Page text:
WildbearHuman Rights Activist Peter Tatchell - protesting in Moscow, 2018 from WildBear produced feature documentary "Hating Peter Tatchell" (c) Christopher AmosWildBear Entertainment is a content studio that produces factual film and television. They have clients across all the Australian free to air television networks and Foxtel; plus international networks, like Disney+, National Geographic, Netflix, BBC, PBS, ZDF, Arte, CCTV, NTV, France Televisions, Mediawan and Viasat.
The company was formed in 2014 by the merger of Wild Fury and Bearcage Productions, incorporating the stock library, Content Mint. Bringing together a combined domestic and international industry experience of more than fifty years, WildBear has offices in Canberra, Sydney and Brisbane as well as Dunedin Aotearoa (New Zealand).

WildBear produces over 150 hours of content a year. This content can take the form of a TV documentary for a broadcaster, a series for a streamer, or it might be a feature documentary for theatrical release.
WildBear owns the intellectual property in the content they develop. Not only do they come up with the idea for original content and a plan for producing the film, they are also responsible for raising the finance. They bring to the market around 250 projects a year in total and of those they finance around 35 annually.

A period of growth

WildbearValerie Taylor on the Jaws film set standing next to a shark prop from feature documentary "Playing with Sharks: The Valerie Taylor Story" produced by WildBear (C) Ron & Valerie TaylorOver the past 12 months WildBear has aggressively expanded. They have hired a new executive producer in Brisbane and opened a new office in New Zealand. With Australia’s relatively low-COVID status, the company identified a possible structural advantage. Unlike many other companies globally that have been cutting or constraining output, WildBear have been focused on ways to build and extend the business.
CEO Michael Tear says that their headcount is higher now than it was 12 months ago, before the pandemic hit.
Michael believes that sometimes it takes a major shock to shift an organisation from business as usual to a period of innovation. “I've always found that when you have some external shock or challenge in the business and you adapt to it, you actually build a more resilient company. Whether it’s the Global Financial Crisis or even something like a major project falling over, there’s the realisation that you must find other revenue sources. Those constraints can be what you need to force the business to innovate”.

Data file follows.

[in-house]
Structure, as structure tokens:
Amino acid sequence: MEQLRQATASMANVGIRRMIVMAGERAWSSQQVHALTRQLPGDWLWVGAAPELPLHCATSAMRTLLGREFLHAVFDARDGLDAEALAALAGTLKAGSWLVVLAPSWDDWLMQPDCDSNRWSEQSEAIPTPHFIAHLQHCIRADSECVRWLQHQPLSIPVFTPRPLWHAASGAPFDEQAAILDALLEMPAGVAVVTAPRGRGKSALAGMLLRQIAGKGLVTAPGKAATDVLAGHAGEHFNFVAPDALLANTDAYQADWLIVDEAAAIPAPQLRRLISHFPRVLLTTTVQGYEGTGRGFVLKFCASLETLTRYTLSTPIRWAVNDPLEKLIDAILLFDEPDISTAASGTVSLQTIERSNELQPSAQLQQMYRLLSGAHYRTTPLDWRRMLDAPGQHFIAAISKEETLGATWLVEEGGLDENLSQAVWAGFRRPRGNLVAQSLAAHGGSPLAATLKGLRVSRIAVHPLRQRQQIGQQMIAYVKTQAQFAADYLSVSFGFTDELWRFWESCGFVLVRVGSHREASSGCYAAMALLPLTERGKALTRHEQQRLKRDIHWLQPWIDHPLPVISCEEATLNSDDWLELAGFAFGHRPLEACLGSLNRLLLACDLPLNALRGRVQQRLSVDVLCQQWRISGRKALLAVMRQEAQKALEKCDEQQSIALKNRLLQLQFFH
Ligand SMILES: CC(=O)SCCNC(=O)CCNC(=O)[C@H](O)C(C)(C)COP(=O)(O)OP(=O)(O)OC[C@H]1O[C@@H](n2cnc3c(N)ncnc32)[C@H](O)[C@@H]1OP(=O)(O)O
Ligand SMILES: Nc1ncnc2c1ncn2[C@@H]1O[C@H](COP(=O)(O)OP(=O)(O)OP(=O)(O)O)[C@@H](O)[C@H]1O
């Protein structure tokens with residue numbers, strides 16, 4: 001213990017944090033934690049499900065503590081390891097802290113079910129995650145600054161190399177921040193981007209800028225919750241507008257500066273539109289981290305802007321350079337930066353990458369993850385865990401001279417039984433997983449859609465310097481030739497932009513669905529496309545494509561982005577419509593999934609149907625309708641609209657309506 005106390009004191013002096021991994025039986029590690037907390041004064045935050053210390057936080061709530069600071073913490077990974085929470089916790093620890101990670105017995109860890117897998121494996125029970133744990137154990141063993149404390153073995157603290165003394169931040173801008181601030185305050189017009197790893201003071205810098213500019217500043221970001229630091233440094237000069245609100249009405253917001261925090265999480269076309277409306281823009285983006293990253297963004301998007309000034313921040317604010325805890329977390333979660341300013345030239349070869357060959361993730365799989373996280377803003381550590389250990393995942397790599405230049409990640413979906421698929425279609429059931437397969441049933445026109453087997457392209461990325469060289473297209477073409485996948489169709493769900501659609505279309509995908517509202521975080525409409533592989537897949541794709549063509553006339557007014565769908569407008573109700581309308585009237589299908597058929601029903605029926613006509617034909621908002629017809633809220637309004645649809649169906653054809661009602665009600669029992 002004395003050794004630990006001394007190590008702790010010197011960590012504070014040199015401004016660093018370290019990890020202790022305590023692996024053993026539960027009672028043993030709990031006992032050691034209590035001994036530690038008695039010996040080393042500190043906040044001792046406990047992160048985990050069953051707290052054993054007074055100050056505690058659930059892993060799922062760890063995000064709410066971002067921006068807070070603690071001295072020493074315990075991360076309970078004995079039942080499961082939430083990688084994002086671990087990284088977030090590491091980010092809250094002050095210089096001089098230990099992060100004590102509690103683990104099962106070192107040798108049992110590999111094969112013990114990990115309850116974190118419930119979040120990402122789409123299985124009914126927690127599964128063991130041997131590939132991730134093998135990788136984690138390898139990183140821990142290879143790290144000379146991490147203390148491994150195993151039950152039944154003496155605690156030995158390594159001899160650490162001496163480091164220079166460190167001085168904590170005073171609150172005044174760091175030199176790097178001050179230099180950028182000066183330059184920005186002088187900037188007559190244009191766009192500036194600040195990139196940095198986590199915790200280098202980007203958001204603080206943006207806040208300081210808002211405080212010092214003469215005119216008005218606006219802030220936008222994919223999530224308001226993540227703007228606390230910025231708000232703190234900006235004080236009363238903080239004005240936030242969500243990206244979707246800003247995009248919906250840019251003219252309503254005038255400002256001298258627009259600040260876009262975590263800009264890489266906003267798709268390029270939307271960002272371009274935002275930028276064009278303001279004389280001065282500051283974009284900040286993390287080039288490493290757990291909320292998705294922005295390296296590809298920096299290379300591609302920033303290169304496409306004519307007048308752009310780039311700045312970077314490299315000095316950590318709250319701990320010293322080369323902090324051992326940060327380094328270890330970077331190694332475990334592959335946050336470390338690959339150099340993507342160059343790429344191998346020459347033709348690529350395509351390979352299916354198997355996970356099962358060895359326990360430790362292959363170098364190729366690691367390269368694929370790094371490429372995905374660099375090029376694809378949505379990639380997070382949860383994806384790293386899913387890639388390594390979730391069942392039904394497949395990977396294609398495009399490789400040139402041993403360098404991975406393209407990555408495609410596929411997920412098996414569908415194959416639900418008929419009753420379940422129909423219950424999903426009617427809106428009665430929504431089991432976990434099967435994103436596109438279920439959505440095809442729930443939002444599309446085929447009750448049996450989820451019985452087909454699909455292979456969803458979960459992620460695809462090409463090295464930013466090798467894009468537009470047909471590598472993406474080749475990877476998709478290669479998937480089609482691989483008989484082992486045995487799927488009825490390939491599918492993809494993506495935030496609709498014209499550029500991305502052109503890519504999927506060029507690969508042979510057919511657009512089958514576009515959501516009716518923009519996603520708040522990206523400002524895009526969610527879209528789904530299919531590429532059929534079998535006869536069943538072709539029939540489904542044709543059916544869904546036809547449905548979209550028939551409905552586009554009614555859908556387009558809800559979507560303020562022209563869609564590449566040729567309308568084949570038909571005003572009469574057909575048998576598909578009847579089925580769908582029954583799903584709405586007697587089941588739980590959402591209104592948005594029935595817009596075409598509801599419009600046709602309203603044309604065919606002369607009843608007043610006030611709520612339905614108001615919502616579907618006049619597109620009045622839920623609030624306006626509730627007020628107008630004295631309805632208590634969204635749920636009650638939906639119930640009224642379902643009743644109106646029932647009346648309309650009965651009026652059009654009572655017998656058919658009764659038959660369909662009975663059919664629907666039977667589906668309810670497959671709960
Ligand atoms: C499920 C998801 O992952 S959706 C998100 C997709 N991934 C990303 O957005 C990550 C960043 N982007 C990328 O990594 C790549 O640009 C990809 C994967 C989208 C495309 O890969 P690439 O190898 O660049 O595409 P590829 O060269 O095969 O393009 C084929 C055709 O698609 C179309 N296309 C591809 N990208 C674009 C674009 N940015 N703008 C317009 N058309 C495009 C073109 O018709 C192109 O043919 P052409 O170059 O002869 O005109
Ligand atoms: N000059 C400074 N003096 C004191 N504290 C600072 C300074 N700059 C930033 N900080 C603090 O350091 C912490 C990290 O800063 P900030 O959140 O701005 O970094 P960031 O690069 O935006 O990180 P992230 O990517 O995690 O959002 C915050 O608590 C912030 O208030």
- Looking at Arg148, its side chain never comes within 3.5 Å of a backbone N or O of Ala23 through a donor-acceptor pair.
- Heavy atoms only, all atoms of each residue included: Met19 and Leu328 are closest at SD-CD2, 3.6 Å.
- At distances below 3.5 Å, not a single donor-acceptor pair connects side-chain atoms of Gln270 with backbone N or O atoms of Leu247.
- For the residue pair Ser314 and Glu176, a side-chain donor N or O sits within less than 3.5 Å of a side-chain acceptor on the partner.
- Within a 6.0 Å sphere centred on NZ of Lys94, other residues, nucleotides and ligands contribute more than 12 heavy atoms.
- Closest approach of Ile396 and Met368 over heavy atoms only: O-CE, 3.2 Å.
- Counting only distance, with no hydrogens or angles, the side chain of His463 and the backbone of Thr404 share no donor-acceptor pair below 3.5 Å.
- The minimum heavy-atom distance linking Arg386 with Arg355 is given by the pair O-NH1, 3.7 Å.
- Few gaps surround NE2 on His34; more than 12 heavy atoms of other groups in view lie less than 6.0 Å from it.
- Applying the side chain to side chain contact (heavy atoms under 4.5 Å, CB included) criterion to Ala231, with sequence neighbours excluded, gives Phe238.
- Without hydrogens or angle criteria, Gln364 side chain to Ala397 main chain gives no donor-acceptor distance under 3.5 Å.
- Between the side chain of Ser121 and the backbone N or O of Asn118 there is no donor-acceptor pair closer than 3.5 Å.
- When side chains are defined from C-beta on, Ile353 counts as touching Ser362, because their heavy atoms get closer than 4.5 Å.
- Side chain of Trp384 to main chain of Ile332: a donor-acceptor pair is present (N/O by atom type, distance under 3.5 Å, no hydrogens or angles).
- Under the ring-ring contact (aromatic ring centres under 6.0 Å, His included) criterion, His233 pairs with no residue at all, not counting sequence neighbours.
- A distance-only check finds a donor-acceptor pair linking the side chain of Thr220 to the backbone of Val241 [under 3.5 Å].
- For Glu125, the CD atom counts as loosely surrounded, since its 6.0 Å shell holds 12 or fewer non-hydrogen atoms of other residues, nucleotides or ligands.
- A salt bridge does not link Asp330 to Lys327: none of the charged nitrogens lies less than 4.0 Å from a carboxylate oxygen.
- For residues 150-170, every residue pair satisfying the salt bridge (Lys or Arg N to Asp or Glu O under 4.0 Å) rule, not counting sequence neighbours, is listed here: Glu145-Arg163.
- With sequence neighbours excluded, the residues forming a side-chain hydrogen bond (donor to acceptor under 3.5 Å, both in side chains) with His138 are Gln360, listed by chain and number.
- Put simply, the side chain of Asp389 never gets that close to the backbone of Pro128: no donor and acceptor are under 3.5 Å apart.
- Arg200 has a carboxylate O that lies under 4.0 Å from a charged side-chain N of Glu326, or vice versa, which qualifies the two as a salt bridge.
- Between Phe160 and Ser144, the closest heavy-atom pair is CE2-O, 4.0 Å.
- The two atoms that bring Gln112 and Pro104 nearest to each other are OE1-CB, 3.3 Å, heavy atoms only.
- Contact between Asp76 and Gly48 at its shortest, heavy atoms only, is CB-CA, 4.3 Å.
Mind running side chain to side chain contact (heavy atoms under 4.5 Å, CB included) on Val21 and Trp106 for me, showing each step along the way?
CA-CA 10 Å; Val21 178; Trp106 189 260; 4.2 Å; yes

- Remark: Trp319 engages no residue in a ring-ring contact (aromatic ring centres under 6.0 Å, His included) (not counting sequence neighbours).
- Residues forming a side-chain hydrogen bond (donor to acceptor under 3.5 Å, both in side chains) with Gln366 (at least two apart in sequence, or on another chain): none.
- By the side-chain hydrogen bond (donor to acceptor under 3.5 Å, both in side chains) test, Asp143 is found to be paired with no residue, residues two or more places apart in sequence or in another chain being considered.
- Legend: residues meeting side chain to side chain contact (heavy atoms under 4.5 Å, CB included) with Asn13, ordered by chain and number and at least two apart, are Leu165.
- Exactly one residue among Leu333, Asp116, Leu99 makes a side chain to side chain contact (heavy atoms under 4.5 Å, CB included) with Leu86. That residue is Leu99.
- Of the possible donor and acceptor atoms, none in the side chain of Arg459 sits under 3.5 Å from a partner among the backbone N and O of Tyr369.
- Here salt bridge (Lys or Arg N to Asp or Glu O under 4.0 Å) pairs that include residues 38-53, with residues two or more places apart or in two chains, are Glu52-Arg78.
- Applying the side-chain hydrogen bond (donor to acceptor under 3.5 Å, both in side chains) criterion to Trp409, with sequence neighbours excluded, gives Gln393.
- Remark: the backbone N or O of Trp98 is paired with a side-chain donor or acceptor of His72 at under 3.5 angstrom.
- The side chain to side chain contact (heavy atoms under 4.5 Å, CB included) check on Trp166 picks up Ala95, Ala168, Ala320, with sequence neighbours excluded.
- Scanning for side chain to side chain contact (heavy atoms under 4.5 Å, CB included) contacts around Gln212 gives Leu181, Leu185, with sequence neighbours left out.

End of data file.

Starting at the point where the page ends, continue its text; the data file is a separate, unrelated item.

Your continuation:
Capturing attention in a crowded market

Michael says that when it comes to content there is a huge demand, but there's a huge supply as well. In this abundant digital age, the challenge is getting the attention of the audience. This could mean focusing on a very specific niche with very specific interests, or it might be a project with a broad general appeal.
“There's a reason why a film gets the attention of the public. Not only are we bringing products to market, but we've also got to make sure that when we launch them that they get attention in a really crowded marketplace. This means a more intense interrogation of a concept and the way we pitch the project that to the market. We are even more focused on points of difference and what else is out there. What separates a product, what makes it unique and emphasising that to the buyers.”

Getting it right can lead to international success

WildbearLauren and Myron Hartwin, Hartwin Industries Group, from WildBear produced "Demolition Downunder" (c) WildBear Entertainment Pty LtdWildBear recently caught the audience’s attention with the feature documentary from Producer Bettina Dalton and Director Sally Aitken with, Playing with Sharks – The Valerie Taylor Story. The documentary features the extraordinary life and legacy of underwater film pioneer and shark conservationist Valerie Taylor and was chosen as one of only 10 films for the World Cinema Documentary Competition section at the 2021 Sundance Film Festival. Michael says that this is a major accomplishment as something like 900 films are assessed in the international section and only 12 are picked. The film has been covered by over 100 media publishers, appeared in 14 international festivals, won 10 awards and is eligible for an Oscar.